- The primary objective of the SBC IM system is to facilitate diverse research and outreach goals by focusing on ease of access, data organization and integrity, and long-term preservation. The system is:
1. cross-platform and largely based on Internet standards rather than on vendor-specific technology,
2. integrated with laboratory science to keep participants up to date on changes and advancements, and
3. modular, allowing us to incorporate the skills of a broad community and integrate SBC activities with those of the LTER network and our other collaborators.
1. Who we are
- SBC personnel involved in information mangement include Margaret O'Brien (SBC's information manager), and scientific staff in research groups: Jenny Dugan (science coordinator), Shannon Harrer (Reef group), Chris Gotschalk (Ocean group) and Matthew Meyerhof (Watershed group). We also leverage or work closely with the following groups for system support, standards development, informatics, software development, and/or data processing:
- Marine Science Institute (MSI.ucsb.edu) and the UC Santa Barbara campus network infrastructure
- Moorea Coral Reef LTER (MCR.lternet.edu)
- Earth Research Institute (ERI.ucsb.edu)
- National Center for Ecological Analysis and Synthesis (NCEAS.ucsb.edu)
2. Data Use Agreement and Access
SBC has adopted and posted the LTER General Use Agreement and employs the "Type I-II" designations. SBC's and the LTER Network data policies are available in our data area: http://sbc.lternet.edu/data
3. IM System
A copy of SBC's Information Management plan and overview is available by request to: firstname.lastname@example.org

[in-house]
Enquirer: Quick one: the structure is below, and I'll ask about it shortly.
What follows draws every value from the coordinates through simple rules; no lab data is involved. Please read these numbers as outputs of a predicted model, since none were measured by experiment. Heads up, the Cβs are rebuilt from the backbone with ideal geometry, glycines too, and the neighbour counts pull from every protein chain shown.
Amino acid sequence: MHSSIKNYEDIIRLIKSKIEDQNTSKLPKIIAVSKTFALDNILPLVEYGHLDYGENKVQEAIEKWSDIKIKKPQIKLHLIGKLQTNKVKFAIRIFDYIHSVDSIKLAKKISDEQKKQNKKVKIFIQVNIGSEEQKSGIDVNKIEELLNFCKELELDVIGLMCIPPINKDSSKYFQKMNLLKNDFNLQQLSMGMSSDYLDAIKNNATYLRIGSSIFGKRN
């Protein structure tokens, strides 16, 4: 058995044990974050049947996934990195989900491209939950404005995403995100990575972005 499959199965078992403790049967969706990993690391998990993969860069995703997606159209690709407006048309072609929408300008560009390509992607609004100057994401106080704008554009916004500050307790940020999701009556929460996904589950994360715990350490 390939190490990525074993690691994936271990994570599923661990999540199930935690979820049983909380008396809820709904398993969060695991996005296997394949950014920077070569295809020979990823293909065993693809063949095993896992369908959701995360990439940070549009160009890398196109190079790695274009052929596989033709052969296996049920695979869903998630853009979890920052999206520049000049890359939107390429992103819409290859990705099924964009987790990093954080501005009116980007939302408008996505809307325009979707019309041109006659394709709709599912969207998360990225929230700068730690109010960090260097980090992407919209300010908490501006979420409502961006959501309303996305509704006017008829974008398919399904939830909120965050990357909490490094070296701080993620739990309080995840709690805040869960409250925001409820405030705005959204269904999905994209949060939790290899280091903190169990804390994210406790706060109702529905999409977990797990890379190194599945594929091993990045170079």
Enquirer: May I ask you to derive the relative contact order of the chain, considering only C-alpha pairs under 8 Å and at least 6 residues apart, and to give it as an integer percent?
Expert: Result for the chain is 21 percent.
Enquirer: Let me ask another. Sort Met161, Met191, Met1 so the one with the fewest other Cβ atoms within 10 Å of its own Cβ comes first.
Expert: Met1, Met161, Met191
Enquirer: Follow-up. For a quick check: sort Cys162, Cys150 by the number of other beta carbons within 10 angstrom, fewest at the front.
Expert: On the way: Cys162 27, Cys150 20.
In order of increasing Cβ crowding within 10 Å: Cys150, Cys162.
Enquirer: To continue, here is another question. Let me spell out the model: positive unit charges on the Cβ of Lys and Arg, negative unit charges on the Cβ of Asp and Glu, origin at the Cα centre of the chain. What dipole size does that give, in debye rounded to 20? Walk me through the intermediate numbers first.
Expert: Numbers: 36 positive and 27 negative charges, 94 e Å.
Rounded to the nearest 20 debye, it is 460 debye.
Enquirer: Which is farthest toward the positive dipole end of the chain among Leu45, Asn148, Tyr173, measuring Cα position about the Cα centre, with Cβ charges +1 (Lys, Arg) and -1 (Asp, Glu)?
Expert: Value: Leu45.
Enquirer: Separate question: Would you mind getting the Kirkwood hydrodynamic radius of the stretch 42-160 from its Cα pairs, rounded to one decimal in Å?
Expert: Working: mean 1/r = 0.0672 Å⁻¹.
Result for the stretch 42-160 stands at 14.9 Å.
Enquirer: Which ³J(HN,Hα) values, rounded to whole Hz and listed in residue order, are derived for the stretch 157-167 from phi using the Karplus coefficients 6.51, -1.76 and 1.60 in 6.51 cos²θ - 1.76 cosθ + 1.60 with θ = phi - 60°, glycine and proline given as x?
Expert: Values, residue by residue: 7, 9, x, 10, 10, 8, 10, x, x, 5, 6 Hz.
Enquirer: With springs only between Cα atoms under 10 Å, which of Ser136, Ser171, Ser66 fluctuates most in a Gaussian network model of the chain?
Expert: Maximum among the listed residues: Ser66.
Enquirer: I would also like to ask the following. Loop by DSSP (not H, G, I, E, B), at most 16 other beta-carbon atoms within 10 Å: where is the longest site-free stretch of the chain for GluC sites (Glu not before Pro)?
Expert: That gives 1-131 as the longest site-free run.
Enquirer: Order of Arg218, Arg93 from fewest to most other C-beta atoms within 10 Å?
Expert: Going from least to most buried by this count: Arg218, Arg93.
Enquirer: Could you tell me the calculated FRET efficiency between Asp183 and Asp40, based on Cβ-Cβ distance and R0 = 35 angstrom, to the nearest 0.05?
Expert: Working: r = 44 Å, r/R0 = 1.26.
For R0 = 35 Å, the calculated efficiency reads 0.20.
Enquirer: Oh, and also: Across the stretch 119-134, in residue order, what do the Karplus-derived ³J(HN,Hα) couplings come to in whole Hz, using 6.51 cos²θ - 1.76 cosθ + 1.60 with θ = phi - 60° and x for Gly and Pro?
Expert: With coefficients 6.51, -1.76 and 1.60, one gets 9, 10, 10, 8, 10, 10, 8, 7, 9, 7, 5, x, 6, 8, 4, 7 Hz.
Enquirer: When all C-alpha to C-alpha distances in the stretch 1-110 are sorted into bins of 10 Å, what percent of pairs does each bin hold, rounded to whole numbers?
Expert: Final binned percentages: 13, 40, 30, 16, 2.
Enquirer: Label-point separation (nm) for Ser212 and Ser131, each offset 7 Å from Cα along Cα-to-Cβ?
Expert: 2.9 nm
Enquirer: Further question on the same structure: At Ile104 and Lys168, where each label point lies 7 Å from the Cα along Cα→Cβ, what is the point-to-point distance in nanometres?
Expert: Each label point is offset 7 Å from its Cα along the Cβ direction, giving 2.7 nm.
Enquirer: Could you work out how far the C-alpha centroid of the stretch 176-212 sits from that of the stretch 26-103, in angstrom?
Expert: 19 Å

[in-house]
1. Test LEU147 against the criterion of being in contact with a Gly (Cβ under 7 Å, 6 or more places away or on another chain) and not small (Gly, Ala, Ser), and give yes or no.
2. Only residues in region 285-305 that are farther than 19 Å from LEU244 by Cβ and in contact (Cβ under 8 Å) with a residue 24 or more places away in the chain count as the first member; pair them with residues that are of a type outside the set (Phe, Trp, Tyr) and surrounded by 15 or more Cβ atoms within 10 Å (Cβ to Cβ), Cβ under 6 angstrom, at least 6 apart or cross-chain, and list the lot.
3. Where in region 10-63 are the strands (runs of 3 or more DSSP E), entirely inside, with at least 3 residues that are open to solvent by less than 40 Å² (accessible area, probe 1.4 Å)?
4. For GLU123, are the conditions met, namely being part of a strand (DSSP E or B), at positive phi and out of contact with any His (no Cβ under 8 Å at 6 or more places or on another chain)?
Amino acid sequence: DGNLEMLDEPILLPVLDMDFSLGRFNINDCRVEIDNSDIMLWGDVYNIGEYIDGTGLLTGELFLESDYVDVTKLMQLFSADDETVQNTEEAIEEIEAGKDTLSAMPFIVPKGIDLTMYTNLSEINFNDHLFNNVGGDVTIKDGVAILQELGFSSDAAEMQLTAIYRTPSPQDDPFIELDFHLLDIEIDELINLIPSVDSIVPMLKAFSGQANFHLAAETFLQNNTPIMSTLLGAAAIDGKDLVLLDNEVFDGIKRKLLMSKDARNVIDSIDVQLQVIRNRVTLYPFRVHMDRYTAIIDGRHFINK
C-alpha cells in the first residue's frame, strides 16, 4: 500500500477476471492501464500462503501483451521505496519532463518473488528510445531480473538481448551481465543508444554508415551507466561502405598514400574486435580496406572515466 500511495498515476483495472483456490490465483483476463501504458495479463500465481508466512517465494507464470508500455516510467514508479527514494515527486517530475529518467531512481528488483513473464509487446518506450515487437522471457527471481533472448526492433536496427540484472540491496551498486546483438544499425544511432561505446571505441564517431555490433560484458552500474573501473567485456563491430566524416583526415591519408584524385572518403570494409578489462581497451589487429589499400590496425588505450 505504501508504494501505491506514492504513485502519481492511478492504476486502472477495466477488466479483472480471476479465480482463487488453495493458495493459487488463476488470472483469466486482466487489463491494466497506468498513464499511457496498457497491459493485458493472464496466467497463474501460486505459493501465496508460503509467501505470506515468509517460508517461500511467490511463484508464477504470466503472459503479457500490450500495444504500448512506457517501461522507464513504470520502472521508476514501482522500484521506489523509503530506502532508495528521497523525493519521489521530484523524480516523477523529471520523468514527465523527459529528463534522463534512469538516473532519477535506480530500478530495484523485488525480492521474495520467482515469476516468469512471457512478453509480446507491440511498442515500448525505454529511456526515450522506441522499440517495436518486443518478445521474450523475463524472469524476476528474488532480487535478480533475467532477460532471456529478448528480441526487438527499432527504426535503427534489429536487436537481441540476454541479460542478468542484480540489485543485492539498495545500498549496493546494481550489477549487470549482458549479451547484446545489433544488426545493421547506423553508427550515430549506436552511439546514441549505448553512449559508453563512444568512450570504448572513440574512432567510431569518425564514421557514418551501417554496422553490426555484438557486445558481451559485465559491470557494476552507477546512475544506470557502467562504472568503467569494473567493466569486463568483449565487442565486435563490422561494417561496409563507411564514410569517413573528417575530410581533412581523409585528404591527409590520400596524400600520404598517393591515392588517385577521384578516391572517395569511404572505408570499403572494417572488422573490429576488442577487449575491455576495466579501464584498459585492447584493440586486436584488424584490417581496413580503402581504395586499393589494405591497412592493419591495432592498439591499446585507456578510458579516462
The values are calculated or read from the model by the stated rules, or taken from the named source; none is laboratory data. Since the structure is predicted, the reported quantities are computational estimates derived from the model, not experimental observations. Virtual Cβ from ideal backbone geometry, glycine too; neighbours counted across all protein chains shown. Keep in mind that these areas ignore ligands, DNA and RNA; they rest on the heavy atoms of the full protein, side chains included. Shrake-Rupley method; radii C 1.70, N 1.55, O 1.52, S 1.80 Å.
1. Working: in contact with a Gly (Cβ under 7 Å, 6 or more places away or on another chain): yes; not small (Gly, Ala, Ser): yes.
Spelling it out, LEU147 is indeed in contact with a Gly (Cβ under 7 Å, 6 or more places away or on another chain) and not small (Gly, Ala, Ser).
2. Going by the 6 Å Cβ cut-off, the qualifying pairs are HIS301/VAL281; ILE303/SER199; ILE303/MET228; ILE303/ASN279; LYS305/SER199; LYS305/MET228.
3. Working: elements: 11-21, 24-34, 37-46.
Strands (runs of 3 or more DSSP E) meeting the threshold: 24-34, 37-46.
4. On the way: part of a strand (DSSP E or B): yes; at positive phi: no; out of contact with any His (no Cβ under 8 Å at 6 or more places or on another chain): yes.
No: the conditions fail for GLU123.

3.1. File server
So that data are available to SBC members as quickly as possible, all of SBC's data and metadata are managed in a hierarchical directory system on a central data server. The directory structure is published internally and write-access is controlled. Backups are coordinated with PISCO, MSI and UCSB. File server help
3.2. Data publication
SBC’s system for data sharing and publication is based on the Network-adopted specification, Ecological Metadata Language (EML), and we have developed other compatible XML metadata models when necessary. ASCII tables are used for data exchange and archive as they have proven to be the most flexible and efficient for heterogeneous data.
As much as possible, we strive to integrate data publication with data processing. This approach allows data owners to control the format of the tables they publish, and takes advantage of scientific staff as the source for knowledge about sampling, methods and data processing.
Our tools for querying data take advantage of the granularity of EML, and are designed to be used by a wide variety of data tables rather than customized for individual data models. We feel that this is the best choice for accommodating a repository of highly varied scientific data, while minimizing demands on limited resources and preserving data for the long-term.